WANDERERS continued to lay their summer groundwork yesterday by turning their focus towards the development squad.

David Lee and Phil Parkinson met with a handful of the Whites’ Under-23s to discuss their contract options but the mass clear-out witnessed 12 months ago is unlikely to be repeated.

Last season several players who had been on the cusp of first team level were released, leaving Lee – who had made the step-up from coaching the Under-18s – short on options.

Despite the limitations, Lee managed to mix new signings, first team fringe players and a handful of youth teamers to produce a successful season in which the team narrowly missed out to Hull City for a play-off place in the Professional Development League.

It was confirmed this week Harry Brockbank, Cole Lonsdale, Alex Samizadeh, Jack Earing and Ryan White have all been offered a third year scholarship. And Wanderers will soon appoint a specialist Under-23 scout to work alongside first team chief Tim Breacker.

Parkinson reckons extra investment outside the first team will increase competition and have a positive effect on his own squad.

“David wants to get that area of the squad as strong as possible and we are already looking forward to working with a couple of the lads he has lined-up for pre-season,” he told The Bolton News.

“We have offered five lads a third year and I echo Jimmy’s comment that it’s important to offer the lads that extra time when they are still developing physically to aid their development. It can be crucial.

“We are really pleased with how things have gone so far.”

It is expected a new member of the recruitment team will be confirmed soon to keep their eye on players who may be coming out of contract at Premier League clubs.

“It is a specialised role,” Parkinson said. “And it allows Tim (Breacker) to concentrate on looking for players at first team level.”

With the first team now based on the same Lostock complex as the academy, it has become easier for Parkinson and his staff to monitor the progress of Wanderers’ youngsters and liaise with the coaches.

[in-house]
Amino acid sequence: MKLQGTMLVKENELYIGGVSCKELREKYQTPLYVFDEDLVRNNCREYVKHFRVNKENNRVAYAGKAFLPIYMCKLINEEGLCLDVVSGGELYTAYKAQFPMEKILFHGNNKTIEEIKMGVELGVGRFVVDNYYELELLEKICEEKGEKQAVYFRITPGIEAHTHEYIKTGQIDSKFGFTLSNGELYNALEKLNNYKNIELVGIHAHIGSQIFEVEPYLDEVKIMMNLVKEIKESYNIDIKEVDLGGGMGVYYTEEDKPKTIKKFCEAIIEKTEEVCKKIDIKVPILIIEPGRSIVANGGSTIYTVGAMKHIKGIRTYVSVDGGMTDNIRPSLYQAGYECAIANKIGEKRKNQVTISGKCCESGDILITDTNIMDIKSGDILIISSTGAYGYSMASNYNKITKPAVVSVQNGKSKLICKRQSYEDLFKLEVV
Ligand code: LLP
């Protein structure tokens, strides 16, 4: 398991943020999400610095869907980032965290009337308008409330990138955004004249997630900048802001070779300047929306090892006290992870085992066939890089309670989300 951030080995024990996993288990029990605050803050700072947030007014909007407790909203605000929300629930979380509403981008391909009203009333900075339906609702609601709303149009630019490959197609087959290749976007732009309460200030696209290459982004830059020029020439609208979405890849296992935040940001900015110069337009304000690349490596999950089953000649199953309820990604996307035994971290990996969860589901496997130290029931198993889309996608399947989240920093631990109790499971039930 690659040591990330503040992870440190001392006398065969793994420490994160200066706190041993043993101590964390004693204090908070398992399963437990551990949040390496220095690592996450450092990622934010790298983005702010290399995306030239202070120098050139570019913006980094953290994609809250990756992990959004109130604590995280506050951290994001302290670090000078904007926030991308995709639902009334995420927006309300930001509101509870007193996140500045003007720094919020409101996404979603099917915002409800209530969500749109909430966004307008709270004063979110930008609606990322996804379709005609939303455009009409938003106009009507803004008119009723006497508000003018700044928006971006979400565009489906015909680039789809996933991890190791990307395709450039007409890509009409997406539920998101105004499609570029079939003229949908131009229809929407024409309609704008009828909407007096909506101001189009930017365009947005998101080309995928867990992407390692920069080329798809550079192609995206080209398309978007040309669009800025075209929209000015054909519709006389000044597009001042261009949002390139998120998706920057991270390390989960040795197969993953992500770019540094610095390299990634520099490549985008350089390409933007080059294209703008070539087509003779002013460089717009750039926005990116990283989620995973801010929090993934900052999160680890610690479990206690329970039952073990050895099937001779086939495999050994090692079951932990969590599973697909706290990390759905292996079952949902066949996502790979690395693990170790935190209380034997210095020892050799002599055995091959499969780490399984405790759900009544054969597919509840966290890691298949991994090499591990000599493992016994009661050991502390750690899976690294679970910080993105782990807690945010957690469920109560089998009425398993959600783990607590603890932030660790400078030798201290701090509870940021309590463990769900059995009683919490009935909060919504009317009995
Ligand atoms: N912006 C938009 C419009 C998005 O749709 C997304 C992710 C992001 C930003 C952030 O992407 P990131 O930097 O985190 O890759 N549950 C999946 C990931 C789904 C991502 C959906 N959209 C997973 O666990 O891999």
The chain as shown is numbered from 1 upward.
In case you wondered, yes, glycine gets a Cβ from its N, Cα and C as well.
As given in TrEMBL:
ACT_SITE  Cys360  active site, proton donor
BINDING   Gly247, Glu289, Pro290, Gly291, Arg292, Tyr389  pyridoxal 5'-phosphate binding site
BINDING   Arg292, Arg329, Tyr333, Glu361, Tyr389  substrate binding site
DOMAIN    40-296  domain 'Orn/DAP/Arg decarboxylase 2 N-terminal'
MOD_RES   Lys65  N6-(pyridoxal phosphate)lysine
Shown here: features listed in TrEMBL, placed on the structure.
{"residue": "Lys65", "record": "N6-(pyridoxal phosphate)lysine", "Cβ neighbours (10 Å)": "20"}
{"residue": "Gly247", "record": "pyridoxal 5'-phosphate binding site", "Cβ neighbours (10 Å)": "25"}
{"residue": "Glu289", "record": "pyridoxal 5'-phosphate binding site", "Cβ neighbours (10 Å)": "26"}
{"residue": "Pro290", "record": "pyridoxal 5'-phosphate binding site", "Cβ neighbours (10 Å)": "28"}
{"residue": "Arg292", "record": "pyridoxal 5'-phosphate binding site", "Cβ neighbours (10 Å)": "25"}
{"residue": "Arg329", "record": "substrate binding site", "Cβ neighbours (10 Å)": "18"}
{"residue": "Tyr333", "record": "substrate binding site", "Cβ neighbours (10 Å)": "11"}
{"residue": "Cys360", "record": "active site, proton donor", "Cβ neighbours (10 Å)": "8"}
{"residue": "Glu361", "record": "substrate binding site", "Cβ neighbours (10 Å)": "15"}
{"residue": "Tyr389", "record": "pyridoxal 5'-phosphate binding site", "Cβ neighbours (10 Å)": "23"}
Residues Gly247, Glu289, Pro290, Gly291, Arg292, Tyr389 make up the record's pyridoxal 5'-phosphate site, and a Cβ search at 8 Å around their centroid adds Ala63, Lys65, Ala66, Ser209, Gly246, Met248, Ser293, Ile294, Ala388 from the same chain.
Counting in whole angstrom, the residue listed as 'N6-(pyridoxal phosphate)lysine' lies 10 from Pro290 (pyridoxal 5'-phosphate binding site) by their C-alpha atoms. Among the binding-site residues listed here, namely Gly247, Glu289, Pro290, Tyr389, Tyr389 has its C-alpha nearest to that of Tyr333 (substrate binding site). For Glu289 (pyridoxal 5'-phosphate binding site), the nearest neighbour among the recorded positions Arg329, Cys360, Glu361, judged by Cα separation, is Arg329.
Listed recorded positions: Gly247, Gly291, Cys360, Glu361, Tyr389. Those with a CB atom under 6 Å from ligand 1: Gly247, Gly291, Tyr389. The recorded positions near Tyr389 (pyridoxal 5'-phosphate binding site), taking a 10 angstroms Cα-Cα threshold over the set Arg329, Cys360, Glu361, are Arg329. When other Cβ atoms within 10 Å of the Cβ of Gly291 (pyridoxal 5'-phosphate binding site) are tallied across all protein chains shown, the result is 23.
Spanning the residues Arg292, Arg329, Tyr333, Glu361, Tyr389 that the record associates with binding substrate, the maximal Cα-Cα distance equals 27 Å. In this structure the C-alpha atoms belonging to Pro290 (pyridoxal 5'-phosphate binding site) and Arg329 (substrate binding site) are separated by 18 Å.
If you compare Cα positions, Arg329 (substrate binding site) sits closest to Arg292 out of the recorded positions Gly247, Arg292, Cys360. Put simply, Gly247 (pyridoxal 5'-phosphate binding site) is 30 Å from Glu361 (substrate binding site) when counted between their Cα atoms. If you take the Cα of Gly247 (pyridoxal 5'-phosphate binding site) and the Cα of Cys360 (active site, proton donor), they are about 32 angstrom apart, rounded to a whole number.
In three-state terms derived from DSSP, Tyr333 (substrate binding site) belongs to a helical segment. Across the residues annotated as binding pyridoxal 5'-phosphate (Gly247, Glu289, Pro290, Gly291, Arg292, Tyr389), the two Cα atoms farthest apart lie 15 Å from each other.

“I’ve said all along there would be big benefits to that strategy,” he said.

“Me and Steve Parkin do take a keen interest and try to get the younger players involved in first team training. I don’t think there is a better place to judge them.

“But I know Jimmy is looking forward to seeing how this next wave of players does and how each of them handles that little step up.

“We will be keeping a close eye on how it develops.”

Wanderers’ academy finished fourth out of 92 clubs in a recent “productivity” review by the Premier League, suggesting things are moving in the right direction at Lostock.

Ken Anderson has stuck to his plan to keep category two status and has brought in sponsorship which has reduced running costs to around £400,000 a year.

The Whites are still to hear whether they will retain their current level, which will require the installation of an inflatable ‘bubble’ to allow players to train in all-weather.

And Parkinson is happy to see investment continue if it keeps the flow of talent moving through to his first team.

“I think you’d have to say it’s working,” he said. “Looking towards the future the academy is going to be so important for this club, so it’s nice to read those kind of things and see what a good job is being done.

“You only have to look over the last 12 months where Rob Holding and then Zach Clough were sold to raise money at a stage where it was absolutely crucial to the club.

“Someone like Josh Vela has been a key player for us in the first team last season too.”